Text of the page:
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Two politicians running for elections next month have said that the ‘no vote’ campaign promoted by opposition icon Aung San Suu Kyi’s party will scupper any chances of democratic reform in Burma.
One of the hopefuls, Thu Wei, from the Democratic Party (DP), told DVB that it is “very likely” that the opposition will lose the 7 November polls if Burmese decide not to head to the ballot stations. The DP is one of a small handful of opposition parties contesting the polls, Burma’s first in two decades.
“There is the question of what kind of people will boycott the elections, and the answer is only those who dislike the military government. This will make it very convenient for the government and the USDP,” he said.
But the opposition appears to have a mountain to climb if it is to gain any leverage in a post-election Burma: the DP will only field 60 candidates, while the USDP, or Union Solidarity and Development Party, which is headed by Burmese Prime Minister Thein Sein and is expected to win, has close to 1000.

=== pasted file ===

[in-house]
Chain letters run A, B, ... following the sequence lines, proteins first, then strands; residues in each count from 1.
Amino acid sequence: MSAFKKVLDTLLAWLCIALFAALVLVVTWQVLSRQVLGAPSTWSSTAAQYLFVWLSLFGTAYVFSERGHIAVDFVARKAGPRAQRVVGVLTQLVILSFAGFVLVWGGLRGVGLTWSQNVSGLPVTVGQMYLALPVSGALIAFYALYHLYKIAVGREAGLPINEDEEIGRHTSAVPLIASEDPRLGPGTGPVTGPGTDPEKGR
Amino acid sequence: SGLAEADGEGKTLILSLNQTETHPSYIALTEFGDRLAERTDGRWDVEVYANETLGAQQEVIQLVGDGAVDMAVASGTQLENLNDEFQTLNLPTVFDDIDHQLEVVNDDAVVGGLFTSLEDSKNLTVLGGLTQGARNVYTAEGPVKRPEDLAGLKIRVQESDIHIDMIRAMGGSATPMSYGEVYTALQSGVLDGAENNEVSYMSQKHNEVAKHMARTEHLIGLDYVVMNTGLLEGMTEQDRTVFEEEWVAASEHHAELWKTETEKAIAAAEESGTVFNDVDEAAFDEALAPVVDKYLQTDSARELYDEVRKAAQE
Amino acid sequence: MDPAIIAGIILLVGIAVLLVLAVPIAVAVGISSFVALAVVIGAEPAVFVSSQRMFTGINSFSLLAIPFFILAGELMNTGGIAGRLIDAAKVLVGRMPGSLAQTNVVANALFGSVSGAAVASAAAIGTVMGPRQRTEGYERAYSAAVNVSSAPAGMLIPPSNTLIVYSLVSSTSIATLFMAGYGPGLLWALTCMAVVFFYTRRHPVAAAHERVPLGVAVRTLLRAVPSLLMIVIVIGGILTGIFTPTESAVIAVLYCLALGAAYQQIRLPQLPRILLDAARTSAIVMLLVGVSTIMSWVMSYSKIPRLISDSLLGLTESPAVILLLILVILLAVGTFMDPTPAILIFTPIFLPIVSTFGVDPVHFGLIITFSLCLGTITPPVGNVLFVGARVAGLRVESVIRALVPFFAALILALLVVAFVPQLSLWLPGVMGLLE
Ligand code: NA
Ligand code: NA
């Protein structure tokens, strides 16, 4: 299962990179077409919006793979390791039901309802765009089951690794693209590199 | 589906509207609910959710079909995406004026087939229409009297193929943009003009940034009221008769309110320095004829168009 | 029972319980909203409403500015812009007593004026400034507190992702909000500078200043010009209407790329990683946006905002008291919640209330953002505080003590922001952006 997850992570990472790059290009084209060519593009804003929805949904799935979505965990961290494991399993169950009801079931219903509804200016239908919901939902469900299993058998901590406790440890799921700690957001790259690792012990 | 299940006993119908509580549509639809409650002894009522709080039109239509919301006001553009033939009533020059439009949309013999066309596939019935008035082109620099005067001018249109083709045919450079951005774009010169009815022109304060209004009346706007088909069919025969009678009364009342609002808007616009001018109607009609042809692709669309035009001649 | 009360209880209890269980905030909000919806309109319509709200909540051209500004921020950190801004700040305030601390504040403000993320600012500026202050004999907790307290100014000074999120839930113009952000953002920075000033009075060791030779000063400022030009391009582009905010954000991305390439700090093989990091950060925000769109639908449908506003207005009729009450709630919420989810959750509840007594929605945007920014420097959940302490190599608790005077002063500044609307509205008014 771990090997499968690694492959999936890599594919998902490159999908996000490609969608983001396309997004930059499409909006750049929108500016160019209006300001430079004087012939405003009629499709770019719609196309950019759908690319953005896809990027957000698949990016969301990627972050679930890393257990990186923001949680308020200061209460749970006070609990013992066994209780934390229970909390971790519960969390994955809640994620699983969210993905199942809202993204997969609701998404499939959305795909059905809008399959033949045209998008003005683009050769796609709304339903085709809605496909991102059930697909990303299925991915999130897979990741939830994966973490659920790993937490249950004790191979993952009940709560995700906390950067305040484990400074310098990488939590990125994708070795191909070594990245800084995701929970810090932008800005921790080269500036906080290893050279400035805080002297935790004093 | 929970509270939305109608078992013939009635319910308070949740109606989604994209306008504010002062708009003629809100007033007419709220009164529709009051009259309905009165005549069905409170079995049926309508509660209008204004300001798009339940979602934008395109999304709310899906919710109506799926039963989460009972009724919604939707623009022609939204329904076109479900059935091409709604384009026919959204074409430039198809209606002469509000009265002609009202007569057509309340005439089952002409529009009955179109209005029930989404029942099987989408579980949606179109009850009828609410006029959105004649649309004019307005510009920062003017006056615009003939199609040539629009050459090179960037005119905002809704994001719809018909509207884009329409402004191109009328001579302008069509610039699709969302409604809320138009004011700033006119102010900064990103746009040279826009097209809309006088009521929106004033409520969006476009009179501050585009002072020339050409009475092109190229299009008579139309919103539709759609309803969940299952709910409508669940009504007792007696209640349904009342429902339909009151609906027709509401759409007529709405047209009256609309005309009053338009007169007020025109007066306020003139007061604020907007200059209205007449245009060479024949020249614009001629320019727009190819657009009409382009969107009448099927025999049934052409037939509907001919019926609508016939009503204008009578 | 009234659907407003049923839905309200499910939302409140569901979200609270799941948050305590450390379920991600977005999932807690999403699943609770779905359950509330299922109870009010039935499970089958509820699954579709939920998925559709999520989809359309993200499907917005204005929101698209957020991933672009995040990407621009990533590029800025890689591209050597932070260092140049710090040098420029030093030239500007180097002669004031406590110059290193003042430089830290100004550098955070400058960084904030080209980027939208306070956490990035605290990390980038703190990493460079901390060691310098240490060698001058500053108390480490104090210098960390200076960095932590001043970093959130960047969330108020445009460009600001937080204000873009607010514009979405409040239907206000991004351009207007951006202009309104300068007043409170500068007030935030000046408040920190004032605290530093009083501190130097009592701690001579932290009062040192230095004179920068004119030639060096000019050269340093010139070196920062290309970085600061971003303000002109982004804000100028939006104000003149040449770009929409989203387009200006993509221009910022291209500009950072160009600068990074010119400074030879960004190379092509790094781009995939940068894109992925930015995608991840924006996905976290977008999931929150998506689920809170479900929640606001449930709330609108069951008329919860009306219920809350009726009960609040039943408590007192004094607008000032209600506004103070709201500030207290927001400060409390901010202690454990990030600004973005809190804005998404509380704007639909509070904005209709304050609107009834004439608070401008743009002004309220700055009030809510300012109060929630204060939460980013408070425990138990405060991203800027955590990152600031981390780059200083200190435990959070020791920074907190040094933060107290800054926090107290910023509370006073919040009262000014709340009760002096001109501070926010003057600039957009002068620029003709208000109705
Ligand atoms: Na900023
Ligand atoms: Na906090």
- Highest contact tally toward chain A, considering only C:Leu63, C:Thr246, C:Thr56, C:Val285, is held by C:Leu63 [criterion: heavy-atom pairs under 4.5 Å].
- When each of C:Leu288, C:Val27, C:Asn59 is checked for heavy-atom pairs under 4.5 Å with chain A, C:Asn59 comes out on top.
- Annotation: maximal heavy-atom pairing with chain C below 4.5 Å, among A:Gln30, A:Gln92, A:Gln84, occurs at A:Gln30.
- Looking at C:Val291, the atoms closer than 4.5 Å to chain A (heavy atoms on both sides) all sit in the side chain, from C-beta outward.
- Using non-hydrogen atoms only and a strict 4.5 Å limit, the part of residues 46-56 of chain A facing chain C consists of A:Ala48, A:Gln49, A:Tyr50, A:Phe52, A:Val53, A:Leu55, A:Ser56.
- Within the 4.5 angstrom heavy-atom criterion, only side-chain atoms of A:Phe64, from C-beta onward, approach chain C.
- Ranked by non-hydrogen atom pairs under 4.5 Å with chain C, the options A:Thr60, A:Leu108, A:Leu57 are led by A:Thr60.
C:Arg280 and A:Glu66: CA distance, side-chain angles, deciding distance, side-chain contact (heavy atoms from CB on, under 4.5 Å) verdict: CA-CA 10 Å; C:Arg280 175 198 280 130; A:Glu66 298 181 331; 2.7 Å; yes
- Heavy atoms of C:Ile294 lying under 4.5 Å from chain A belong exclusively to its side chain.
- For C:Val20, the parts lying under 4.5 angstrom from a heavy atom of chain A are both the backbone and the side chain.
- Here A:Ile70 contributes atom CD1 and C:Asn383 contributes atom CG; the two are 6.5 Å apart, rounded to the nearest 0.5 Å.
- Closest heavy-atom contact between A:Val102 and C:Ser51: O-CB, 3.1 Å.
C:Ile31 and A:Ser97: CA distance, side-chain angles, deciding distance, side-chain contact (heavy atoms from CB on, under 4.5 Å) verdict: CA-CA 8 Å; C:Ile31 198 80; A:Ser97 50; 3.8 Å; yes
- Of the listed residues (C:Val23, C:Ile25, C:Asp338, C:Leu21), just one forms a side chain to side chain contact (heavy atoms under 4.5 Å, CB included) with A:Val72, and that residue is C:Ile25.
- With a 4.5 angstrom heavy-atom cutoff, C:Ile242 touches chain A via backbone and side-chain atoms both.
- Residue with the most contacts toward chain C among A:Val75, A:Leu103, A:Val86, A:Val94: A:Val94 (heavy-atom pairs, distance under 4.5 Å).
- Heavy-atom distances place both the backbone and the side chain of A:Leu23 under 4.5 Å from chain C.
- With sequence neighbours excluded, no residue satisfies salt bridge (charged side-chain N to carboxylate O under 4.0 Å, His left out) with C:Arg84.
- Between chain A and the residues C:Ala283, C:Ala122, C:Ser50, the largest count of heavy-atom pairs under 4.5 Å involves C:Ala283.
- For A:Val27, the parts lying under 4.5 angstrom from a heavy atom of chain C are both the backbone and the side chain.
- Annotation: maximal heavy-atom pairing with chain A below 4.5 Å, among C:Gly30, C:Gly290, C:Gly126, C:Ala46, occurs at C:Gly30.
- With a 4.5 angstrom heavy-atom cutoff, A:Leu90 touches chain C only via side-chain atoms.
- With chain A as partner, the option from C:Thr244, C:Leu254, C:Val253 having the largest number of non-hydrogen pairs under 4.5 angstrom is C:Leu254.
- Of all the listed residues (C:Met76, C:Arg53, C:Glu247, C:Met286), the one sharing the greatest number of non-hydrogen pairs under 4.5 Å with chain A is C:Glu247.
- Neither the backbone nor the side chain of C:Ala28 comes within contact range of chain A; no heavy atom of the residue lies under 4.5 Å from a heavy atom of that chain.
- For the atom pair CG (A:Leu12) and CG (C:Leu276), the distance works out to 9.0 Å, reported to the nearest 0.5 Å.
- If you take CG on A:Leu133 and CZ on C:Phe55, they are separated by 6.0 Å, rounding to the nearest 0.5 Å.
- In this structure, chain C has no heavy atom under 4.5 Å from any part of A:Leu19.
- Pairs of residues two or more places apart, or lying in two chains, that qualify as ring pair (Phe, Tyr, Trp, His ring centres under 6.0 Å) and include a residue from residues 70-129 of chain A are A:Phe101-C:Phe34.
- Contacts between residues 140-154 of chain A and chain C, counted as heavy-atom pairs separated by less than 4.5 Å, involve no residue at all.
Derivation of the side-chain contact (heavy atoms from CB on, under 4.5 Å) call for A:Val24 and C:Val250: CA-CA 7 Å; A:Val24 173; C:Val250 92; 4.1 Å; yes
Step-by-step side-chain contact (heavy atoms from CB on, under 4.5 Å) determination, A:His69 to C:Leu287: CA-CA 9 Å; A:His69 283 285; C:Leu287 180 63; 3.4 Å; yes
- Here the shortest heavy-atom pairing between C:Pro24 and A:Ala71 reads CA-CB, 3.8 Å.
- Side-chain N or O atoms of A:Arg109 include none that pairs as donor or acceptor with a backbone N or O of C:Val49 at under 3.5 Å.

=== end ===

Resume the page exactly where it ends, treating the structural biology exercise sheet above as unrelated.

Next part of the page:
Moreover, it is widely believed that the USDP has the tacit backing of Burma’s top brass, whom critics say are looking to maintain power under the guise of a civilian government.
The boycott debate has split the pro-democracy movement both inside the country and internationally: instead of the elections being a question of who to vote for, the discourse now focuses on whether any vote would weaken or strengthen the military regime.
“If people are not voting, it would only make us and other democratic parties lose votes and lead the government parties to win,” Thu Wei added.
Following the disbandment of Suu Kyi’s National League for Democracy (NLD), a number of senior members formed the National Democratic Force (NDF), which is now fielding around 160 candidates for the vote. The formation of the party however angered the old guard of the NLD, which has been pushing for a nationwide boycott of the elections.
But Thu Wei’s views were echoed by Sai Ai Pao, chairman of the Shan National Democratic Party (SNDP), who said that a boycott would further weaken what are already slim chances of any opposition clout in the new parliament.
Numbers of constituencies are reported to have only one candidate standing, likely belonging to the USDP which is fielding candidates in all of Burma’s constituencies. As well as political power, the USDP is also believed to have massive financial backing – a key factor given that each party has to pay 500,000 kyat ($US500) per candidate. The average annual salary in Burma is little more than US$200 per person.